Originally developed for use in the mirrors and mirror mounts of astronomical telescopes, LAS glass-ceramics have become known and entered the domestic market through its use in glass-ceramic cooktops, as well as cookware and bakeware or as high-performance reflectors for digital projectors.
One particularly notable use of glass-ceramics is in the processing of ceramic matrix composites. For many ceramic matrix composites typical sintering temperatures and times cannot be used, as the degradation and corrosion of the constituent fibres becomes more of an issue as temperature and sintering time increase. One example of this is SiC fibres, which can start to degrade via pyrolysis at temperatures above 1470K. One solution to this is to use the glassy form of the ceramic as the sintering feedstock rather than the ceramic, as unlike the ceramic the glass pellets have a softening point and will generally flow at much lower pressures and temperatures. This allows the use of less extreme processing parameters, making the production of many new technologically important fibre-matrix combinations by sintering possible.
Glass-ceramic from the LAS-System is a mechanically strong material and can sustain repeated and quick temperature changes. However, it is not totally unbreakable. Because it is still a brittle material as glass and ceramics are, it can be broken. There have been instances where users reported damage to their cooktops when the surface was struck with a hard or blunt object (such as a can falling from above or other heavy items).
The material has a very low heat conduction coefficient, which means that it stays cool outside the cooking area. It can be made nearly transparent (15–20% loss in a typical cooktop) for radiation in the infrared wavelengths.
In the visible range glass-ceramics can be transparent, translucent or opaque and even colored by coloring agents.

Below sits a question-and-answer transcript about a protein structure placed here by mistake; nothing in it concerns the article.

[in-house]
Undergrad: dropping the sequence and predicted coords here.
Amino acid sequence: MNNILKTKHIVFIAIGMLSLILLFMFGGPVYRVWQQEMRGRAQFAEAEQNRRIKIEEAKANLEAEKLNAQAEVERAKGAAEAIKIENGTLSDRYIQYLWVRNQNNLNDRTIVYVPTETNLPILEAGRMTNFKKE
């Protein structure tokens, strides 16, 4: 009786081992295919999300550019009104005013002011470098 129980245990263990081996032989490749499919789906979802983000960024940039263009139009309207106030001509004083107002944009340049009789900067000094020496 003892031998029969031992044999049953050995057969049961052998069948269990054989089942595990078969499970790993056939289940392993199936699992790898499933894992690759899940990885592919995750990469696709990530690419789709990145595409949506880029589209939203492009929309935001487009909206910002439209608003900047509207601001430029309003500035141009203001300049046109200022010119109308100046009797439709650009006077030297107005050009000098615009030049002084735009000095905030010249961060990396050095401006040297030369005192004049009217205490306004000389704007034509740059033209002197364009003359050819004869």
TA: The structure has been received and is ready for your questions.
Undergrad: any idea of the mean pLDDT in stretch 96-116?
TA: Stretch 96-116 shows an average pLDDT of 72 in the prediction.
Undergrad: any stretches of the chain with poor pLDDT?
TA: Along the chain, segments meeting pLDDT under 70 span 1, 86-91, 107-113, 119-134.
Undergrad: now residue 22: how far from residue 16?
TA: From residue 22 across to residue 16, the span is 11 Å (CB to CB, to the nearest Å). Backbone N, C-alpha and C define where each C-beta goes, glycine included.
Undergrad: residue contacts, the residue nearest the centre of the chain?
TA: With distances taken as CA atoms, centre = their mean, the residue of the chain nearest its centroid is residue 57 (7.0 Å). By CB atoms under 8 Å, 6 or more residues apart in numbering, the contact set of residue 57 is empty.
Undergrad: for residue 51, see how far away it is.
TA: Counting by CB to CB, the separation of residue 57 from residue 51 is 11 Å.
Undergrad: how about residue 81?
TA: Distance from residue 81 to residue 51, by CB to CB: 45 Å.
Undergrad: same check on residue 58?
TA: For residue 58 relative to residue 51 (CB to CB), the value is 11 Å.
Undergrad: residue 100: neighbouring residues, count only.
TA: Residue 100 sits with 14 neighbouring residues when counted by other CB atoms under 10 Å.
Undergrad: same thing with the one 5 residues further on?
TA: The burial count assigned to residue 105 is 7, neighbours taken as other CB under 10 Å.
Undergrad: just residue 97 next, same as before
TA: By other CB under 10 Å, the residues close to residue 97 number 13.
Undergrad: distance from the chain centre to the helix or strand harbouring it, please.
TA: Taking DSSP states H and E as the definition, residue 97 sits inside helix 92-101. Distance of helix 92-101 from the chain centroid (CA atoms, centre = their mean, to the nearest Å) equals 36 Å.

This technology is not entirely new, as glass-ceramic ranges were first introduced in the 1970s using Corningware tops instead of the more durable material used today. These first generation smoothtops were problematic and could only be used with flat-bottomed cookware as the heating was primarily conductive rather than radiative.
Compared to conventional kitchen stoves, glass-ceramic cooktops are relatively simple to clean, due to their flat surface. However, glass-ceramic cooktops can be scratched very easily, so care must be taken not to slide the cooking pans over the surface. If food with a high sugar content (such as jam) spills, it should never be allowed to dry on the surface, otherwise damage will occur.
For best results and maximum heat transfer, all cookware should be flat-bottomed and matched to the same size as the burner zone.
Some well-known brands of glass-ceramics are Pyroceram, Ceran (cooktops), Eurokera (cooktop, stoves and fireplaces), Zerodur (telescope mirrors), and Macor, Kanger (Glass-Ceramic for cooktop, stoves, microwave and fireplaces door). German manufacturer Schott introduced Zerodur in 1968, Ceran followed in 1971.
Nippon Electric Glass is a predominent worldwide manufacturer of glass ceramics, whose related products in this area include FireLite and NeoCeram ceramic glass for architectural and high temperature applications respectively. Keralite, manufactured by Vetrotech Saint-Gobain, is a specialty glass-ceramic fire and impact safety rated material for use in fire-rated applications. Glass-ceramics manufactured in the Soviet Union/Russia are known under the name Sitall.
The same class of material was also used, until the late 1990s, in CorningWare dishes, which could be taken from the freezer directly to the oven with no risk of thermal shock.